- Tiny Jawas double in value with one listed for $10,000 at EBay
- Fans to be out in force Sept. 4 as toys tied to new film debut
Mike Collier watched intently as the “Star Wars” action figure came up for sale on EBay last month at more than $10,000. It was a vinyl-caped Jawa from 1978, less than four inches tall, just like the one he’d bought for almost $5,000 two years ago.
“I was like, ‘Wow, that’s pretty impressive,” said Collier, 50, a Los Angeles TV producer whose “Star Wars” collection numbers in the hundreds of items. “The old characters will not just die off.”
High expectations for the first new “Star Wars” film in 10 years, a relentless marketing push from franchise-owner Walt Disney Co. and a population of collectors coming into their top-earning years have translated into record prices for old toys.
Many fans will be looking for the next big thing on Friday, when merchandise from “Star Wars: The Force Awakens,” goes on sale. This time around, Disney and licensees led by Hasbro Inc. are creating exclusive items for retailers such as Toys “R” Us Inc. To stoke demand, the company is withholding information about the products until a global unveiling set for Thursday, starting in Sydney.
With interest building, collectors have been bidding up prices. In January, an action figure of the bounty hunter Boba Fett sold for 18,000 pounds (about $28,000), the most ever for a mass-produced “Star Wars” character, according to Vectis Auctions Ltd., based in Stockton-on-Tees, U.K., which handled the sale. A cardboard model of the “Star Wars” Death Star sold for $7,400 in June, more than twice the original estimate.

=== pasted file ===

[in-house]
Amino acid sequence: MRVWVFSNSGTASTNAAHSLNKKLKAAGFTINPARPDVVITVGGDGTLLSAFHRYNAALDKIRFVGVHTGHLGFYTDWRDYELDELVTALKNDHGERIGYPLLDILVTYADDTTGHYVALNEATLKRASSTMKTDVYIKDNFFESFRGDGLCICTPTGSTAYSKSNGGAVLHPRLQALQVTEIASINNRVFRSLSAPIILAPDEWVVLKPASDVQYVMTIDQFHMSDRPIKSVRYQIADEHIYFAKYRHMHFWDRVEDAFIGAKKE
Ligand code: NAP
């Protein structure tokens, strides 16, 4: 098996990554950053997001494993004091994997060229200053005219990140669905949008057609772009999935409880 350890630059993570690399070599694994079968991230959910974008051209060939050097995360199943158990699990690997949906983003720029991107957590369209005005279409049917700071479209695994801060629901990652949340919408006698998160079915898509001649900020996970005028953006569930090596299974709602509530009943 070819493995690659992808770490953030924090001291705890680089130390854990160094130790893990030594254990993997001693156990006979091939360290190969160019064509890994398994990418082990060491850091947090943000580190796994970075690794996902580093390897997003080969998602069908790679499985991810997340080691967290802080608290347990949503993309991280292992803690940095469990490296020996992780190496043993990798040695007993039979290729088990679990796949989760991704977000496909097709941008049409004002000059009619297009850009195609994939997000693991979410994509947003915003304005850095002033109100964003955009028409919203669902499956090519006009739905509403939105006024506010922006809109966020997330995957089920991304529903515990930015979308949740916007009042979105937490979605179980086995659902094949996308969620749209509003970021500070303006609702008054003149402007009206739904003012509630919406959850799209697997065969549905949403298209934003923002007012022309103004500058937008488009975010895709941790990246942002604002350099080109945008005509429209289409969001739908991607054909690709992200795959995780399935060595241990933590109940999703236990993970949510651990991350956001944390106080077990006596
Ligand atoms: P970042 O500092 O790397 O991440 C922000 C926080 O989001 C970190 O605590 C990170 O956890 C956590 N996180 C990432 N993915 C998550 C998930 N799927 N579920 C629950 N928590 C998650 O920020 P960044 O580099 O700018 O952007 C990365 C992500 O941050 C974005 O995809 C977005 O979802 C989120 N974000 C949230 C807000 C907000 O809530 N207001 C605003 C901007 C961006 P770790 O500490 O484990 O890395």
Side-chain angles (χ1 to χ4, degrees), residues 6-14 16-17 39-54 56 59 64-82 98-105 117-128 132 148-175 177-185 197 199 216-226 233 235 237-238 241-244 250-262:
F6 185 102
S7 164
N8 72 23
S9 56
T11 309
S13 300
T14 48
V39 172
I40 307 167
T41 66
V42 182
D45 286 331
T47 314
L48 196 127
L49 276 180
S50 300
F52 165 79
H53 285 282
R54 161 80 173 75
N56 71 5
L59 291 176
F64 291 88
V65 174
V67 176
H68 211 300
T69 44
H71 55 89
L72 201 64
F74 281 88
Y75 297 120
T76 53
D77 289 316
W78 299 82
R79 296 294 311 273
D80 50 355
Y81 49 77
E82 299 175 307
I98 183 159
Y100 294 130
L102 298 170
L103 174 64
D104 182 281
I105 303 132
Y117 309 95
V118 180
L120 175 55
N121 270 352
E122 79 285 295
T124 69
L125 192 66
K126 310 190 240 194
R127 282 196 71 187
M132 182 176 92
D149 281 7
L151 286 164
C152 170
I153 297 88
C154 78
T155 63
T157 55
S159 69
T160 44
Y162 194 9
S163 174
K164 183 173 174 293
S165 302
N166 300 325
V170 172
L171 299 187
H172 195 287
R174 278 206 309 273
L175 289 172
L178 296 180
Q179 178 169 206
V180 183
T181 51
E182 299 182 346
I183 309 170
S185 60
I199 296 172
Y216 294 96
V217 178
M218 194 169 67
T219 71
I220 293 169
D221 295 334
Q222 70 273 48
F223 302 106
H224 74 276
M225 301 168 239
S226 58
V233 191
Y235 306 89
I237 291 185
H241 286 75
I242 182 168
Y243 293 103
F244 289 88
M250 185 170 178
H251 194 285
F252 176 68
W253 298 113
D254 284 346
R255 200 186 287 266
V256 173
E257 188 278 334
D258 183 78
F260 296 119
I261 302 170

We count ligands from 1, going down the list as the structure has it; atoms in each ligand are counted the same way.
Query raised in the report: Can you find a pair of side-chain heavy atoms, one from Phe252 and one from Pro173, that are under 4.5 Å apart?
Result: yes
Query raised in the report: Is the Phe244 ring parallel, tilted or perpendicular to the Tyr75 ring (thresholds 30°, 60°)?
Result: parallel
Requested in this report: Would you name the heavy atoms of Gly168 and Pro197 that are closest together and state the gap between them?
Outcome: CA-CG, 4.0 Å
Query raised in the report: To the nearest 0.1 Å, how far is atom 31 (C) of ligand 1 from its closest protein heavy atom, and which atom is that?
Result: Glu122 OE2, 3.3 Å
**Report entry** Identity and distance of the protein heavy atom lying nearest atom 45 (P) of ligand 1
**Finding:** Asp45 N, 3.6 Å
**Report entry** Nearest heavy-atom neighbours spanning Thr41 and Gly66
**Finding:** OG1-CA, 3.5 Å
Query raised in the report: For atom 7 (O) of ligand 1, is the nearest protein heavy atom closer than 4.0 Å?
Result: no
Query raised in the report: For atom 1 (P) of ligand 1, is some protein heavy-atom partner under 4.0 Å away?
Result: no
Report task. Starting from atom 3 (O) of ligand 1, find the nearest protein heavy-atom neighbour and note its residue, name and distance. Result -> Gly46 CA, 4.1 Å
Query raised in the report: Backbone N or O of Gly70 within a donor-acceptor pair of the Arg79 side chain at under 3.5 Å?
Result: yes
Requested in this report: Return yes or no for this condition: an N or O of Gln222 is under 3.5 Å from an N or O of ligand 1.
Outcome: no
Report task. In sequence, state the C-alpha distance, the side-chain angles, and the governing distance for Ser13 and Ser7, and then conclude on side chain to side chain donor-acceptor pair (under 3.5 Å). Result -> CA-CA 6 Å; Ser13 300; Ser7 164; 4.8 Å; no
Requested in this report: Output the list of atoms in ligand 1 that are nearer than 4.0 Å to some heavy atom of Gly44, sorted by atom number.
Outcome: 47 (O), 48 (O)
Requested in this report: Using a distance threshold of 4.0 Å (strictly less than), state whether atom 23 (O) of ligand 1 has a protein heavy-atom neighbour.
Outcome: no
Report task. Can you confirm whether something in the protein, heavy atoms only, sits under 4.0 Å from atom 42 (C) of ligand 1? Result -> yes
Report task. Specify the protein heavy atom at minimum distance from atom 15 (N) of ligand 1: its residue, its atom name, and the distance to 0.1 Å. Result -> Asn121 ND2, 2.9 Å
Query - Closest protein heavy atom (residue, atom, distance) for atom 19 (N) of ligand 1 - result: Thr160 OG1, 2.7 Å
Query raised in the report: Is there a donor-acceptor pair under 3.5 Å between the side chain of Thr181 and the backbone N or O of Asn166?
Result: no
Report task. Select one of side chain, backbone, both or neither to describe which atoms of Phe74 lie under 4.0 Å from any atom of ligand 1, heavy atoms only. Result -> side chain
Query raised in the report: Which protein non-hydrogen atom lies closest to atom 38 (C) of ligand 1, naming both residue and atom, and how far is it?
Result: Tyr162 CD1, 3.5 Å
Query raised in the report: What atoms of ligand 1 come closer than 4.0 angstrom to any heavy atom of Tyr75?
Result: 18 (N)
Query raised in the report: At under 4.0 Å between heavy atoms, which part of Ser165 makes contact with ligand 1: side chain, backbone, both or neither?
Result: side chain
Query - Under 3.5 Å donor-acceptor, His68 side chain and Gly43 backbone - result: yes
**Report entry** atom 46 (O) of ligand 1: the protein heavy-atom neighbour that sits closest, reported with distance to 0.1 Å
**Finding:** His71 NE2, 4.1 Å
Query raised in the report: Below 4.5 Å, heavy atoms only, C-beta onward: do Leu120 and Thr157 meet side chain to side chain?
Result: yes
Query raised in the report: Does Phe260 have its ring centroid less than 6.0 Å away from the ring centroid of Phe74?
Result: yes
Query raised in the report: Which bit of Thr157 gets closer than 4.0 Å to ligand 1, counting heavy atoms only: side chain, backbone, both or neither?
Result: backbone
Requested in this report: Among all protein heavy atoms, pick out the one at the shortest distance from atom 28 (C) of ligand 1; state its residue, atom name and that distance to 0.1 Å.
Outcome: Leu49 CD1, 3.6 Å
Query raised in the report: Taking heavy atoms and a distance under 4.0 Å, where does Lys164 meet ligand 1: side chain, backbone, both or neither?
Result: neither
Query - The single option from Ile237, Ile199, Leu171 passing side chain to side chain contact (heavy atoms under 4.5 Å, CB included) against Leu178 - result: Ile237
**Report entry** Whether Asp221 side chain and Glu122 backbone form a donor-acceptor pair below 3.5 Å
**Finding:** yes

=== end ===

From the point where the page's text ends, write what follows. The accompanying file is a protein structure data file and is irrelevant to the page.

“The vintage toys are red hot right now,” said Kathy Taylor, who supervises “Star Wars” toy sales at Vectis. The auction house plans additional sales in October and December.
The most coveted items are those produced in small quantities or with some quirk that makes them rare, such as a variation in hair color or packaging, according to Steve Sansweet, a collector who runs the non-profit Rancho Obi-Wan museum near Petaluma, California.
The “12 Back” figures, the original 12 characters from Kenner Products with their images on the the back of the packaging, are particularly valuable. Unopened toys sell for much more than ones that were played with.
Brian’s Toys Inc., an online retailer specializing in vintage toys, has 11 of the “12 Backs” for sale, ranging in price from $600 for an Obi-Wan Kenobi to $3,000 for a Princess Leia. The condition of a toy and packaging, graded by a service called Action Figure Authority, can have more influence on the price than the popularity of the actual character.
Other rare items include 1978 action figures of Luke Skywalker, Darth Vader and Obi-Wan Kenobi with “double telescoping” lightsabers that extended twice as far as subsequent ones, and a 1980 Boba Fett prototype whose missile-firing backpack was eliminated out of safety concerns.
“That’s the dream, to get a rocket-firing Boba Fett,” said Daniel Pickett, a Los Angeles collector who runs actionfigureinsider.com.
What makes Collier’s vinyl-caped Jawa so valuable was that it was discontinued. Some consumers griped that the cape look fake and a cloth one was added. Fans like Collier will be out in force on Friday, searching store shelves and reliving their childhoods.
Although he doesn’t expect to see the same kind of appreciation on the current toys, Collier said he’ll still be looking.
“You have to pick through the different collections,” he said. “You’ll find that diamond in the rough.”